Industrial Utility Efficiency    

Air Treatment/N2

This plant has three production lines producing snack food. Depending on the time of year and production demand the plant can operate anywhere from no production lines to all three production lines. A thorough supply and demand-side system assessment was done at this plant. This article will focus on some recommended demand-side reduction projects including nitrogen generation, air vibrators, leaks and vacuum venturis.
In this article, we review the operating principles of both basic types of pulse-jet dust collectors — bag (sock), and reverse flow filter. We then examine the effects of various installation and accessory selection issues through several case studies, providing examples of how to fix the issues and optimize the system’s compressed air use.
This northeastern U.S. automotive manufacturing facility spends $269,046 annually on energy to operate their compressed air system. This figure will increase as electric rates are raised from their current average of .019 cents per kWh. The set of projects, in this system assessment, reduce these energy costs by $110,166 or forty percent. Reliability of compressed air quality, however, is the main concern in this plant and the primary focus of this system assessment.
So you need nitrogen in your plant! In a high percentage of cases, generating your own nitrogen using commercially available equipment is a very cost effective alternative to purchasing liquid nitrogen or cylinder nitrogen from traditional supply sources like the industrial gas companies. In some cases, the return on investment (ROI) ranges from six months to 2 years, but ROI can range, depending on several factors, to several years while still being a good investment. With rising fuel and energy costs, the cost of liquid nitrogen is going up and is making it much easier to justify the purchase of a nitrogen generator in a wide range of purities and pressures.
Years ago, while managing the service department of my compressor distributorship, I received a call from a nearby customer who told me his 200hp compressor wouldn’t make any air. When I arrived at the plant I found the inlet air filter differential indicator showing “Red”, which indicates the filter element was dirty. When I pointed this out the maintenance manager said he had just changed the filter element; however, when I removed the element the compressor immediately started making air. He then admitted that the element was one that they had simply washed out approximately seven times before. Unwittingly, when he tried to save money by cleaning the filter element he was increasing his energy cost several times more than the cost of the element.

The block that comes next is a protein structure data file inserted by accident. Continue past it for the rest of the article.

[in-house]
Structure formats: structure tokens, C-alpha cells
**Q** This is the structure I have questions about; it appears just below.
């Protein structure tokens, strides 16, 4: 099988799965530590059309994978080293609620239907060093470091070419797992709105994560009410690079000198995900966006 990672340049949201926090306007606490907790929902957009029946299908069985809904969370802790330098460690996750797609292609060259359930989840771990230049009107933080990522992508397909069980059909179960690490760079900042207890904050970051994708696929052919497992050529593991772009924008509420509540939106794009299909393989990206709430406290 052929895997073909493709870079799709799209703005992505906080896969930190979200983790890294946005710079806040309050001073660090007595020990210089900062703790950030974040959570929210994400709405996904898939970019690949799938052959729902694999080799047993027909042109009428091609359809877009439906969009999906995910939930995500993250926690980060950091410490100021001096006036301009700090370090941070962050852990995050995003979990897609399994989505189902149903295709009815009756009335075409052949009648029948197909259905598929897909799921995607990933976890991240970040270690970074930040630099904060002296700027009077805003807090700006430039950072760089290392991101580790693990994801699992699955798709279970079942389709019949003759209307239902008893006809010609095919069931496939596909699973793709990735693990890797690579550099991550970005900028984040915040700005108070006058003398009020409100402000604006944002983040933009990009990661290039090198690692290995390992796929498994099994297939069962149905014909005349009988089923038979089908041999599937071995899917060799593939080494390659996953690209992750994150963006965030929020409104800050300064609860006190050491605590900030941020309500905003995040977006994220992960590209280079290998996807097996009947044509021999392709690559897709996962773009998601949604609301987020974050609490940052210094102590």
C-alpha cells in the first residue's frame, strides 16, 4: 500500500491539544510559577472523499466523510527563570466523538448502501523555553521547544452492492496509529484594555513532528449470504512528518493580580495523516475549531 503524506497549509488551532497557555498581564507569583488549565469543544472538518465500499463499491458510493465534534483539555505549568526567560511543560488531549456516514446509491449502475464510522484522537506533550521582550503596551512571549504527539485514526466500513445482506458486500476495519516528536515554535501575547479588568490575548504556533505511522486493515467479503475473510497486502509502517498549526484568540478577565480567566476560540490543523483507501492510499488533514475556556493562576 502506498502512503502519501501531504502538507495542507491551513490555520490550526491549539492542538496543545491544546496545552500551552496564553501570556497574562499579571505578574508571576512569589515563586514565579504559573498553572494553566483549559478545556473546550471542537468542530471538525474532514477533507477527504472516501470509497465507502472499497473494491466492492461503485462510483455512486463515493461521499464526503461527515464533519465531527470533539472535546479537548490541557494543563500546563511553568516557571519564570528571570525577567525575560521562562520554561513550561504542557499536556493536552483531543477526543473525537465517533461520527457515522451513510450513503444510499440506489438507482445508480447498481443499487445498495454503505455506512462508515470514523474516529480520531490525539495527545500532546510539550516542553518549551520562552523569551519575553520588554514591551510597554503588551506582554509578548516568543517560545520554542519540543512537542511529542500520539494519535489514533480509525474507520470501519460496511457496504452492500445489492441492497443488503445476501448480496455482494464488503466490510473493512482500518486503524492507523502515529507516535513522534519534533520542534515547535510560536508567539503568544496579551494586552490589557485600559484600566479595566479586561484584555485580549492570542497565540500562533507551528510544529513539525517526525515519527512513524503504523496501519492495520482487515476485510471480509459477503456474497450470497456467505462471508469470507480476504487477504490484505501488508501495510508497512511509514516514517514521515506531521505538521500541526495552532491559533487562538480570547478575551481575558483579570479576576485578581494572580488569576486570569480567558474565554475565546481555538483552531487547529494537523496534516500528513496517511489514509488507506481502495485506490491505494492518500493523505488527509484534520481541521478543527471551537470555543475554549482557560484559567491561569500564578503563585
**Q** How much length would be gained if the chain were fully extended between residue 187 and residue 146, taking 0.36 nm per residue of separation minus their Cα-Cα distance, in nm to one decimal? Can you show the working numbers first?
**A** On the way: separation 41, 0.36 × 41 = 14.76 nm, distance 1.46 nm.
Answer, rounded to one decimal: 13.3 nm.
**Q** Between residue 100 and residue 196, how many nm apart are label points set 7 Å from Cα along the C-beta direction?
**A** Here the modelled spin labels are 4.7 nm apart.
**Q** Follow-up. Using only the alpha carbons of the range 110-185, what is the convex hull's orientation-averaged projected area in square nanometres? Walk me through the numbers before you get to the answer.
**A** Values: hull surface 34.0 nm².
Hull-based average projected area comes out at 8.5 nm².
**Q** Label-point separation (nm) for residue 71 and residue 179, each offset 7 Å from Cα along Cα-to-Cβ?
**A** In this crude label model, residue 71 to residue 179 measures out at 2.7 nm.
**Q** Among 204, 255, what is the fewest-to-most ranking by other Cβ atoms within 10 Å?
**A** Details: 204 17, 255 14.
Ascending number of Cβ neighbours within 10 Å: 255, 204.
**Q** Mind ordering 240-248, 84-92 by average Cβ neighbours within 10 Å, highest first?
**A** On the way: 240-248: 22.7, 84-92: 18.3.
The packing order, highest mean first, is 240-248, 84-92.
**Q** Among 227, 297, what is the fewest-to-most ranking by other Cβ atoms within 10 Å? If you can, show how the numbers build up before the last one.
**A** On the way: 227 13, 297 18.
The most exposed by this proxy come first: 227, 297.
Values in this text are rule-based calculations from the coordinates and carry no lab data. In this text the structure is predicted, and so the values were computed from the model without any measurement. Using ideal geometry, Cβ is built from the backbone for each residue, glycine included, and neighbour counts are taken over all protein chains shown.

This aluminum mill spends $369,000 annually in energy costs to operate their compressed air system. This system assessment recommends actions reducing annual energy costs by $120,000 and improving productivity and quality by delivering clean, dry compressed air.
Compressed Air Best Practices spoke with the Parker PDF (Purification, Dehydration, and Filtration) Division.
The snack food facility is running with two normally separated compressed air production systems: the main plant system and the nitrogen system.
The next time you sit down for dinner, take a good look at your food. There’s a very good chance compressed air played an essential role in preparing your meal for consumption.
Resin drying is a critical step in the manufacturing process of injection molding, extrusion molding and stretch blow molding.  Compressed air resin dryers are one of the most commonly used dryers in the plastics molding industry. Recent advancements in compressed air membrane-type resin dryers, have reduced the associated energy costs significantly.
The facility is a plastics injection blowmolder and is a division of a large corporation. The following information was produced from a compressed air system assessment done over seven days.